To the Editor:—
The most important challenge an anesthesiologist faces on a medical mission in a developing country is to provide safe and effective care. Typically at these locations, one finds an old anesthesia machine. On our recent trip to Shimla, India, we found a Boyle anesthesia machine with a Goldblat halothane vaporizer. The local anesthesiologist was very comfortable with its use. Only one team member (H.J.K.) had ever seen and used such a machine, some 40 yr ago during his stay in the United Kingdom. The younger anesthesia team members had seen similar machines on other mission trips but declined to use them. Older anesthesiologists are a diminishing breed, whereas younger ones may fear the challenges of the past. There are no reports in the literature that have specifically addressed this problem. We decided to explore the possibilities.
In an ideal world, it would be prudent to send a scout team to the mission location beforehand to check on the availability of equipment and supplies, but our medical mission runs on a very restricted budget and cannot afford such an expense. Instead, we decided to develop a self-sufficient system with which all team members would be familiar and comfortable. Over time, our efforts have evolved into a sophisticated but low-technology approach to the problem of delivering safe anesthesia without a modern anesthesia machine.
At a first consideration, all medical facilities throughout the world where surgical procedures are performed seem to have large (size H) oxygen tanks available. This is the only item our system requires from the host country. Before our arrival, we arrange for a minimum of two H tanks for each operating room along with compatible gas tank regulators and low flow meters.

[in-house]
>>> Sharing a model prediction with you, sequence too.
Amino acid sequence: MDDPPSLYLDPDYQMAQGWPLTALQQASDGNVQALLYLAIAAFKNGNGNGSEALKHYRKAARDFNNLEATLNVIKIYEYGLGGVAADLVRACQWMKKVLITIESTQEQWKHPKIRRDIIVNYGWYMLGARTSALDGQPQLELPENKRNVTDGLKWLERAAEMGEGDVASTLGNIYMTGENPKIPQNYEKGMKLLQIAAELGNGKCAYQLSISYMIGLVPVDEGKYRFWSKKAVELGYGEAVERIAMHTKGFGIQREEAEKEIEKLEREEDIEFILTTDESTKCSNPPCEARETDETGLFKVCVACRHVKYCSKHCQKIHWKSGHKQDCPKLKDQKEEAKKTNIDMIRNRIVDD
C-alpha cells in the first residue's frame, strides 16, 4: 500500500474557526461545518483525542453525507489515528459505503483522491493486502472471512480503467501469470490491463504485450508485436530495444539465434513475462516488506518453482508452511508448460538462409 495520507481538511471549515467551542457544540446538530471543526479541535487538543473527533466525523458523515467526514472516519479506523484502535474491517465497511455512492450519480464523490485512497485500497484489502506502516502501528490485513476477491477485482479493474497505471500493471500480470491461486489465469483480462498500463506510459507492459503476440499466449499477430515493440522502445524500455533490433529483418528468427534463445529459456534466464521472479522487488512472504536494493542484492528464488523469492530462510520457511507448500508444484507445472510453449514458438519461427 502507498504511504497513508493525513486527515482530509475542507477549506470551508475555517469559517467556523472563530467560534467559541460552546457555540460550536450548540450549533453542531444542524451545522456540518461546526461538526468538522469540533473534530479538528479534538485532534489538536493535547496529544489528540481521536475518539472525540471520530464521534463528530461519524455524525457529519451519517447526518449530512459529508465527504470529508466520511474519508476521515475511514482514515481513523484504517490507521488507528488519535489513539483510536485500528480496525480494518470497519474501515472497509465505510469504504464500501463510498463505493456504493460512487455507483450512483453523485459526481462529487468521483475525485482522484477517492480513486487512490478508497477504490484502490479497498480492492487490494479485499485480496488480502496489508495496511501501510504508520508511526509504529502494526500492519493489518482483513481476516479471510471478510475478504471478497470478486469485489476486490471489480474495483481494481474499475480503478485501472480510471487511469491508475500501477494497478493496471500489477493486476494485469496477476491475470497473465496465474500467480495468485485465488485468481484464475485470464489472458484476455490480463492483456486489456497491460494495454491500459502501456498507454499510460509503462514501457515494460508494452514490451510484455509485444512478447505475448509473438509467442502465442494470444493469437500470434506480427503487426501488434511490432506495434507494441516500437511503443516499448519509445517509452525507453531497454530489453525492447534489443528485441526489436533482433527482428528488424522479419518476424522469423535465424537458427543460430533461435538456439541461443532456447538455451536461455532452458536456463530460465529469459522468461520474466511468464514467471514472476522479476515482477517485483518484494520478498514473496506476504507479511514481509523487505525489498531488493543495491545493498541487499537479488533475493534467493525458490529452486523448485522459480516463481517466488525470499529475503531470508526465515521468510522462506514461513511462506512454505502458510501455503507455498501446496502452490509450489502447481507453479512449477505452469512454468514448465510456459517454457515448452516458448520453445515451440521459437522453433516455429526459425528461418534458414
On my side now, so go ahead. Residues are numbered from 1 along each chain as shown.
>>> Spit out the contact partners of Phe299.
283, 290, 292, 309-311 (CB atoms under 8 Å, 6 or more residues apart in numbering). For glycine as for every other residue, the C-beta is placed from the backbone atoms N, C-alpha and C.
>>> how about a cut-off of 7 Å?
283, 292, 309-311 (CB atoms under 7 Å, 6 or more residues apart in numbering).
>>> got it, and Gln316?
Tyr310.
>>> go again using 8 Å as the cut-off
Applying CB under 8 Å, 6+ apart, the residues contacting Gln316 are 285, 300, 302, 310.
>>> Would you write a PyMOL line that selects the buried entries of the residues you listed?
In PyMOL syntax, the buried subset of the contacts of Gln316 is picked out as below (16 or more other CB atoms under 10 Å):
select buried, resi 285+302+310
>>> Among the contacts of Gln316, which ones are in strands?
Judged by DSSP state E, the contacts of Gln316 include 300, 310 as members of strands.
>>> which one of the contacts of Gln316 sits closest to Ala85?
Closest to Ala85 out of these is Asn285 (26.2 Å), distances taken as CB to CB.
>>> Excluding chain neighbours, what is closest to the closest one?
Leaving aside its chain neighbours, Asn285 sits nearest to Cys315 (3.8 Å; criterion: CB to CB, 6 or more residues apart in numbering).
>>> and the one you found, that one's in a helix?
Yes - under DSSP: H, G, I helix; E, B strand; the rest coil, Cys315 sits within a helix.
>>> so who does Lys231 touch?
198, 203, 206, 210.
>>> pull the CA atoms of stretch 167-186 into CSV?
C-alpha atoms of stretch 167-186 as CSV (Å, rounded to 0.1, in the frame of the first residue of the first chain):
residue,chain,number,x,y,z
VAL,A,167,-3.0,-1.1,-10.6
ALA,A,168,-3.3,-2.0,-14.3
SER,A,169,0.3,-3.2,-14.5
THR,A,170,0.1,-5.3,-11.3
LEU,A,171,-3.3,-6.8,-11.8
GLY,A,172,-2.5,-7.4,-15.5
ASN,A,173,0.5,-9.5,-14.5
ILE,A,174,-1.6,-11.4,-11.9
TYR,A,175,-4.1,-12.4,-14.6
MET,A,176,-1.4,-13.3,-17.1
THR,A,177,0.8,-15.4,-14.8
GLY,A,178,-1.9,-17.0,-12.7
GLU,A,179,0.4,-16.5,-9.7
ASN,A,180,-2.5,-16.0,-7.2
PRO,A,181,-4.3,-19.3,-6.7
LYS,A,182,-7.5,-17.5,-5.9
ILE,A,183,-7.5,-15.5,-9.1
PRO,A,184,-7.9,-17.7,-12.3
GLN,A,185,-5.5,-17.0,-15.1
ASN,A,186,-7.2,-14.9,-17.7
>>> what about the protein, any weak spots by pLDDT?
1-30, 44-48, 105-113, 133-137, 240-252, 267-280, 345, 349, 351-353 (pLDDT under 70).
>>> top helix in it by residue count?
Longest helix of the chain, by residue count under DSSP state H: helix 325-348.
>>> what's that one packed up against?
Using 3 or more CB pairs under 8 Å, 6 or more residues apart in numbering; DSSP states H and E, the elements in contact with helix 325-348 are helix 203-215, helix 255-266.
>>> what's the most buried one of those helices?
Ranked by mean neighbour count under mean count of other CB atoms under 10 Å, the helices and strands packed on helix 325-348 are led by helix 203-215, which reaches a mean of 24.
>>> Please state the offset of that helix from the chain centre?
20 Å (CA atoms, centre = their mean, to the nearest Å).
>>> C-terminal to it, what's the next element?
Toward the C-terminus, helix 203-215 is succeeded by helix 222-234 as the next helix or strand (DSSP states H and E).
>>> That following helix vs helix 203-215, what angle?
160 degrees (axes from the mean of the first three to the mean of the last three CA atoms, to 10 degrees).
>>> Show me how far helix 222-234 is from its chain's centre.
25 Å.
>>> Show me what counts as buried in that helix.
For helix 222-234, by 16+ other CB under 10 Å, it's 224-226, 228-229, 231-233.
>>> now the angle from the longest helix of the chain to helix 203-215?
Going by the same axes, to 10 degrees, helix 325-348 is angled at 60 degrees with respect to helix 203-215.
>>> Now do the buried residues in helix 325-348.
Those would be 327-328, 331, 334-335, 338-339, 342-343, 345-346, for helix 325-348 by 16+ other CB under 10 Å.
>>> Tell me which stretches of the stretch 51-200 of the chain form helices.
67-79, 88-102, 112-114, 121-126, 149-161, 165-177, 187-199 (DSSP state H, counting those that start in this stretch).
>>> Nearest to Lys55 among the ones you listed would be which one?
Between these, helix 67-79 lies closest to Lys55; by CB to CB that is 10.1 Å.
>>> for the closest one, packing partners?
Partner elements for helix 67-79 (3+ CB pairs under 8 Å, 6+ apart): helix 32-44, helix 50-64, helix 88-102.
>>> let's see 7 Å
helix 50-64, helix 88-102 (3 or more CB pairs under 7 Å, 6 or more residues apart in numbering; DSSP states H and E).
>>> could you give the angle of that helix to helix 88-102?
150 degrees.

The equipment we bring is listed here: (1) a standard Compressed Gas Association oxygen regulator for the H tank along with a flow meter that delivers up to 10 l/min oxygen (usually, the host country's oxygen tanks do not have the standard threads, so we use the one provided by them); (2) standard plumber's sealing tape to obtain an airtight seal for the tank threads; (3) two pieces of standard suction tubing with universal connectors (Cardinal Health, McGaw Park, IL); (4) sevoflurane (Sevotec) and halothane (Fluotec) vaporizers together with 23-mm inlet and outlet adapters (General Anesthetic Services, Bridgeville, PA) to attach to the suction tubing (we routinely use sevoflurane, but we find it advantageous to have a halothane vaporizer because, in case of a supply problem, halothane is still readily available in developing countries, whereas sevoflurane is not); (5) portable disposable sealed carbon dioxide absorber (KAB 001; King Systems Corporation, Nobelsville, IN); (6) breathing circuits, Adult and Pediatric Ultra Flex, latex free (King Systems Corporation); and (7) an Ambu bag for use if there is any unforeseen problem.